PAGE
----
Chief Minister Ashok Gehlot did not respond to TEHELKA’s questionnaire about the plans for rehabilitating these 16 families and surveying the district to identify the hundreds others, including over 30 families interviewed by TEHELKA in six villages, several bonded since three generations. “Who says they are bonded? This is hali, this area’s traditional practice where people work as agricultural labourers in return for an advance. Banning this will derail the system,” says collector Jain. The Bonded Labour (Abolition) Act 1976 lists hali among 31 forms of bonded debt. The constitution bans all of them. So what ‘system’ will get derailed, besides one of a feudal collusion between local landlords and an indifferent administration?
Jain’s response is symptomatic not just of Rajasthan government’s denial of the extent of the problem, but the blinkers the Indian State has put on too. The authorities seem unwilling to investigate instances of slave labour that jar with its self-image of a modern economy. Those working on the issue since the 1980s say the government has been in denial. “They asked us to remove the category ‘bonded labour’ in committees set up to identify families Below Poverty Line,” says Harsh Mander, a former IAS officer and a member of the National Advisory Council. India was the first in South Asia to make a law against bonded labour in 1976. But since 1978, when the National Sample Survey Organisation estimated 3.43 lakh bonded labourers in 16 states, government reports quote ‘nil’ in columns counting these workers with no resources and few freedoms.
Almost no one has been prosecuted for keeping people in bondage. “There is no count of the Dalit and tribal labourers in bondage in agriculture, besides immigrant labourers in new forms of bondage in informal sectors,” points out JNU economist Ravi Srivastava, author of a 2005 ILO report on this problem. Srivastava quotes how Kol tribals in working in bondage in quarries in Allahabad are one of the few groups that were able to come out of bondage 10 years back after they got collective mining rights following a long-drawn struggle.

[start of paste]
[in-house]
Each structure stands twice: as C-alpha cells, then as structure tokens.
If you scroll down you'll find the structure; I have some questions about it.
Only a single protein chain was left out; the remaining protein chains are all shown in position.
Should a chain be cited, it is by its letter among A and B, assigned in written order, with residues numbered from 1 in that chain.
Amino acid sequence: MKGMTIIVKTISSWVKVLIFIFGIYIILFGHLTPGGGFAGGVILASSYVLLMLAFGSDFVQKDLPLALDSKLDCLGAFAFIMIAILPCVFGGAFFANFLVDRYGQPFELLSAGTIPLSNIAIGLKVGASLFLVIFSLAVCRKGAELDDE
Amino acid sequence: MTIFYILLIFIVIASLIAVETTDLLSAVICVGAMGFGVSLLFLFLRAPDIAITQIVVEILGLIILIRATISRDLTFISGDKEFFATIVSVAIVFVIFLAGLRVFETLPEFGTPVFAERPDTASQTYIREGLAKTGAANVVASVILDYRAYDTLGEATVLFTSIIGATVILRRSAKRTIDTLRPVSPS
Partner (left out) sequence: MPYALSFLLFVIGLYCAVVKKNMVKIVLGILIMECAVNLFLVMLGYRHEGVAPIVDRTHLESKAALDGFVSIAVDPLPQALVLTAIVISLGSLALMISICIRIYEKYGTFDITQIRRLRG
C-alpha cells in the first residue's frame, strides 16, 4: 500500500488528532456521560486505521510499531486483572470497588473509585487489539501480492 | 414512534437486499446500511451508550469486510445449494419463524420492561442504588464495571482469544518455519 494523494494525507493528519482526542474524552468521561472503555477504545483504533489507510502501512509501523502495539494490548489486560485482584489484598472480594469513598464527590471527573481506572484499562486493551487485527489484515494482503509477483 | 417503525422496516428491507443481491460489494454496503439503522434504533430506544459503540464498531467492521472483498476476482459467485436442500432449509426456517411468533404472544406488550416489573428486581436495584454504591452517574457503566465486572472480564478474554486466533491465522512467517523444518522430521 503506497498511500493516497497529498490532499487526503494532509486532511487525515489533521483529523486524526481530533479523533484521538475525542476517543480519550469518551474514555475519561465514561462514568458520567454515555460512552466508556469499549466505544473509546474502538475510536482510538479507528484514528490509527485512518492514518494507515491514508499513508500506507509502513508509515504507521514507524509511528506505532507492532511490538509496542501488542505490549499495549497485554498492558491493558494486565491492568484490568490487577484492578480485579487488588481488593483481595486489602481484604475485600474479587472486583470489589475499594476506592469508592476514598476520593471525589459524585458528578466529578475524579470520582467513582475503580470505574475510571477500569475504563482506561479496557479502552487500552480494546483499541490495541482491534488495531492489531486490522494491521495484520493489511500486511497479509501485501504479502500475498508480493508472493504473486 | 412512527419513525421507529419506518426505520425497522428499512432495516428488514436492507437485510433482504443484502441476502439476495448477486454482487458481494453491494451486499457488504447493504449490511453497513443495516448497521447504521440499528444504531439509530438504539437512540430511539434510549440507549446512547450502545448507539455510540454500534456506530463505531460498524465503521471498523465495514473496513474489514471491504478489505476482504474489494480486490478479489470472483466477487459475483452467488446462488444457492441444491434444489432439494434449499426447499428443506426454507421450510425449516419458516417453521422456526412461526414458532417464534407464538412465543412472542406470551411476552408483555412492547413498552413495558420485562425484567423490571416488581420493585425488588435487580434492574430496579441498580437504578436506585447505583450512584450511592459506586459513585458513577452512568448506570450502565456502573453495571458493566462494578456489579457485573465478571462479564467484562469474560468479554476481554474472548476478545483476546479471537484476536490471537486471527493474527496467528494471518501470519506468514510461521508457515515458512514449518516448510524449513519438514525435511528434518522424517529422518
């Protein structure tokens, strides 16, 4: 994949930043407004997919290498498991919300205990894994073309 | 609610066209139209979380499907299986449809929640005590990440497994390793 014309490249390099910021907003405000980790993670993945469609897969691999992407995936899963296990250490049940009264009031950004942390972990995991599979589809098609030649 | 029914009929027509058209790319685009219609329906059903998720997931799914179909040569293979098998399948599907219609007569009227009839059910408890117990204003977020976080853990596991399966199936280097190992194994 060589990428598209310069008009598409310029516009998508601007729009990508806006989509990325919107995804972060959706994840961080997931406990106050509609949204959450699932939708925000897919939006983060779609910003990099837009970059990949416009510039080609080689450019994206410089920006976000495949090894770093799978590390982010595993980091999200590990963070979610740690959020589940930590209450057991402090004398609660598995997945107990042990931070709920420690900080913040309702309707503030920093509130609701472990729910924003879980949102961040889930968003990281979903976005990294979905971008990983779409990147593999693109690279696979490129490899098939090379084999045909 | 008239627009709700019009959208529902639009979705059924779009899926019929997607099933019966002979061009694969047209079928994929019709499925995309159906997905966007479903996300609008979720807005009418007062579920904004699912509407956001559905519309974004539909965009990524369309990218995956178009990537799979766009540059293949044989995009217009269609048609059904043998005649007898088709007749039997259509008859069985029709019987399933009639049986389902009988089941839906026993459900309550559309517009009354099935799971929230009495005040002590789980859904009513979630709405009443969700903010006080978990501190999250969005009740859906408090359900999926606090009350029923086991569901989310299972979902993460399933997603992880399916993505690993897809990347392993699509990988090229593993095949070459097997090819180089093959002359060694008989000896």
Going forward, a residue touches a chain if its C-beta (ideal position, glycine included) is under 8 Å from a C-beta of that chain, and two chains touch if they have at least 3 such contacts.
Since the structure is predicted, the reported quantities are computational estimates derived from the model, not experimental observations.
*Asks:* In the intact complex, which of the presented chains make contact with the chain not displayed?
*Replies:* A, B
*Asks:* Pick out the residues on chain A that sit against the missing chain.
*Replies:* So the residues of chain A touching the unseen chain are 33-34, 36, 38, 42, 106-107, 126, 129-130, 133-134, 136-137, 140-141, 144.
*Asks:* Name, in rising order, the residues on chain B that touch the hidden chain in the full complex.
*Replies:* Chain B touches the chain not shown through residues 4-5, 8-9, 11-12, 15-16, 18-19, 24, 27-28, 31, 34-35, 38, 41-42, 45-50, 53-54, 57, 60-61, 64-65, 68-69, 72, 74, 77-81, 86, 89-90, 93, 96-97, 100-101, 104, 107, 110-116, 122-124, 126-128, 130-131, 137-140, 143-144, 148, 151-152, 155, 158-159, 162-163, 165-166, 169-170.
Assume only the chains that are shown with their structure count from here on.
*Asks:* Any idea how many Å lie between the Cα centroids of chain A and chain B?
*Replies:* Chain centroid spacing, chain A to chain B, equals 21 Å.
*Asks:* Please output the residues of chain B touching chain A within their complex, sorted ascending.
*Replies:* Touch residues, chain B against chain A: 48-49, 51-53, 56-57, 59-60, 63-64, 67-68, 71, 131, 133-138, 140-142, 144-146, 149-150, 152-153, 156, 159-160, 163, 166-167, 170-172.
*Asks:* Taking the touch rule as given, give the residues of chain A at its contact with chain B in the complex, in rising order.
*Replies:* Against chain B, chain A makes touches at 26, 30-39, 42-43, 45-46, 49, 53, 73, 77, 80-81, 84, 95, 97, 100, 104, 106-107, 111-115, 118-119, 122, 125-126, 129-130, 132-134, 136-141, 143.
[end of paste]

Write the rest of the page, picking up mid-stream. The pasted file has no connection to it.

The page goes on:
In Baran, the government allotted work at a MGNREGA site to the 16 Sahariya families freed of bondage after being cornered about the issue at the dharna. These 16, along with hundreds of others, remain vulnerable for want of access to credit, or a long-term source of income outside systems like hali. In the past four years, gram sabhas submitted 1,030 land claims under the Forest Rights Act 2006 in Kishanganj and Shahabad blocks. The government distributed land to just 354. “The landlords took over the one savings cooperative at Bhanwargarh. Sahariyas lost their years-old access to timber, gum, mahua in the forest and get nothing under what exists now, ” says community worker Motilal. “An advance that labourers could take against their MGNREGA job cards could be one option,” suggests Mander.
Long-term solutions and systematic changes, though essential, are not even on the minds of those like Pratap. His voice falters as he shares details of his bonded debt of the past 15 years to his landlord Umrao Singh. “Those 16, who were they working for? Their master may not have been this cruel,” he wonders.